Talent developers can start and continue discussions and training programs around this important topic.
"How are you really doing?" "Are you doing all right?" At one time, those were questions close friends and family members asked, rather than talent developers or people managers. But that has changed in the past two years.
According to the US Centers for Disease Control and Prevention, "Mental health includes our emotional, psychological, and social well-being. It affects how we think, feel, and act." That means individuals don't leave it at the door when they start their workday.
How can talent development professionals help organizations address the mental health issues that are affecting so many people? In "Engage in Mental Health and Well-Being," Catherine Wemette notes that you can educate people leaders and employees alike on mental health warning signs, such as changes in behavior and an individual venting their grievances about work via social media.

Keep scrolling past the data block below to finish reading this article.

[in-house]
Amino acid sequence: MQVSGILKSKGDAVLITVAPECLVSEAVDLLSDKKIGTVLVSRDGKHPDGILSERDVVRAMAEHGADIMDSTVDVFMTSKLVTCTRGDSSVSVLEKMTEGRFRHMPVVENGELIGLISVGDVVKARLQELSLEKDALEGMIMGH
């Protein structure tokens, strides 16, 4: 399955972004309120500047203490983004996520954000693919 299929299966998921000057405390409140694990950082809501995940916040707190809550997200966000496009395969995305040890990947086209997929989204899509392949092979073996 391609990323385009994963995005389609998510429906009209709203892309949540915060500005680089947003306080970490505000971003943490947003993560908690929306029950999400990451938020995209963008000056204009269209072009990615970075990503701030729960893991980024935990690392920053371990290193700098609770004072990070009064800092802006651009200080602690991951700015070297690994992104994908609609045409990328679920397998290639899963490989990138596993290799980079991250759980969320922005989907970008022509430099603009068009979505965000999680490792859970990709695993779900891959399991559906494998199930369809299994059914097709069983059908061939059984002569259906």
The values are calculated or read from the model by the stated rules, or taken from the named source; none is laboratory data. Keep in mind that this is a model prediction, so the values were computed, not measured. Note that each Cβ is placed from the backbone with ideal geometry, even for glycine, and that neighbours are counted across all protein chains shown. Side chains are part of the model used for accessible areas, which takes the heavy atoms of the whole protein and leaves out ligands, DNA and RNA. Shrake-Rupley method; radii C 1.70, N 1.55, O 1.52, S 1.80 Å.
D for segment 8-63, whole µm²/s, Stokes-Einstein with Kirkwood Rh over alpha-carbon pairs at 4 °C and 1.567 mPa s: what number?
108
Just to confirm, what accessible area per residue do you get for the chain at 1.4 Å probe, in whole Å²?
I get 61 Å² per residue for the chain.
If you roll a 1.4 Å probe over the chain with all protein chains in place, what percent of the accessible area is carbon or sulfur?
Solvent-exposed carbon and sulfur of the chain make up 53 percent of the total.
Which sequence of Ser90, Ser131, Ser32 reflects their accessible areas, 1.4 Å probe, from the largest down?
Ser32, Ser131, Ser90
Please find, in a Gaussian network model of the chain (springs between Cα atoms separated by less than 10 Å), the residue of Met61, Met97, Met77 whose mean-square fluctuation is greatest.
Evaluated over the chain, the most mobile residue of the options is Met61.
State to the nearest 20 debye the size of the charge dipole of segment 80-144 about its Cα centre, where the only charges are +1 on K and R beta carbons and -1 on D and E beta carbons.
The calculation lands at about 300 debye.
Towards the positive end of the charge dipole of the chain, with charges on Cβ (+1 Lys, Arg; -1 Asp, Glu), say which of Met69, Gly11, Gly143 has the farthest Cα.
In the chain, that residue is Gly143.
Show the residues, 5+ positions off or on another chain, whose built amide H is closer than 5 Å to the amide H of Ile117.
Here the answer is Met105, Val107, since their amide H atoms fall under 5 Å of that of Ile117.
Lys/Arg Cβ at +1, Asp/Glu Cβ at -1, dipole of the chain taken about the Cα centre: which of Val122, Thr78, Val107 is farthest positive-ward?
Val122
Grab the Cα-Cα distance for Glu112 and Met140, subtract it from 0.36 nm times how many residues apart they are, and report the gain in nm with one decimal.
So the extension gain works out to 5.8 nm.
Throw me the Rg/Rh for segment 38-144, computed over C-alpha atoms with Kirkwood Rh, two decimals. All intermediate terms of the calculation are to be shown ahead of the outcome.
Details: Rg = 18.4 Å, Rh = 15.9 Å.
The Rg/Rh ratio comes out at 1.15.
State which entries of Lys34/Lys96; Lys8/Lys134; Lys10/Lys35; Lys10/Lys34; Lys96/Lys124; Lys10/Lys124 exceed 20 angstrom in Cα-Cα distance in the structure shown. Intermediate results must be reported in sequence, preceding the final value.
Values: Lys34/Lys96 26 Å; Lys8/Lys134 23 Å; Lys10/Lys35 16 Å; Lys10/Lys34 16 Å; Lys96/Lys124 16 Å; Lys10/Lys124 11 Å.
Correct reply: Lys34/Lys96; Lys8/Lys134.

Encourage employees, especially managers, to practice active listening skills with others. That can help individuals feel less alone. While companies can't force deep connections, you can work with your organization to intentionally guide inclusivity, such as by creating teams and designing office spaces where people can connect.
Additionally, flexibility in schedules, workplace locations, and roles can aid individuals' mental wellness. Job crafting can fill psychological needs of autonomy, relatedness, and connection. Assist people leaders in accepting new ways for their direct reports to work.
These tips were adapted from the June 2022 issue of TD at Work. Learn more at td.org/TDatWork.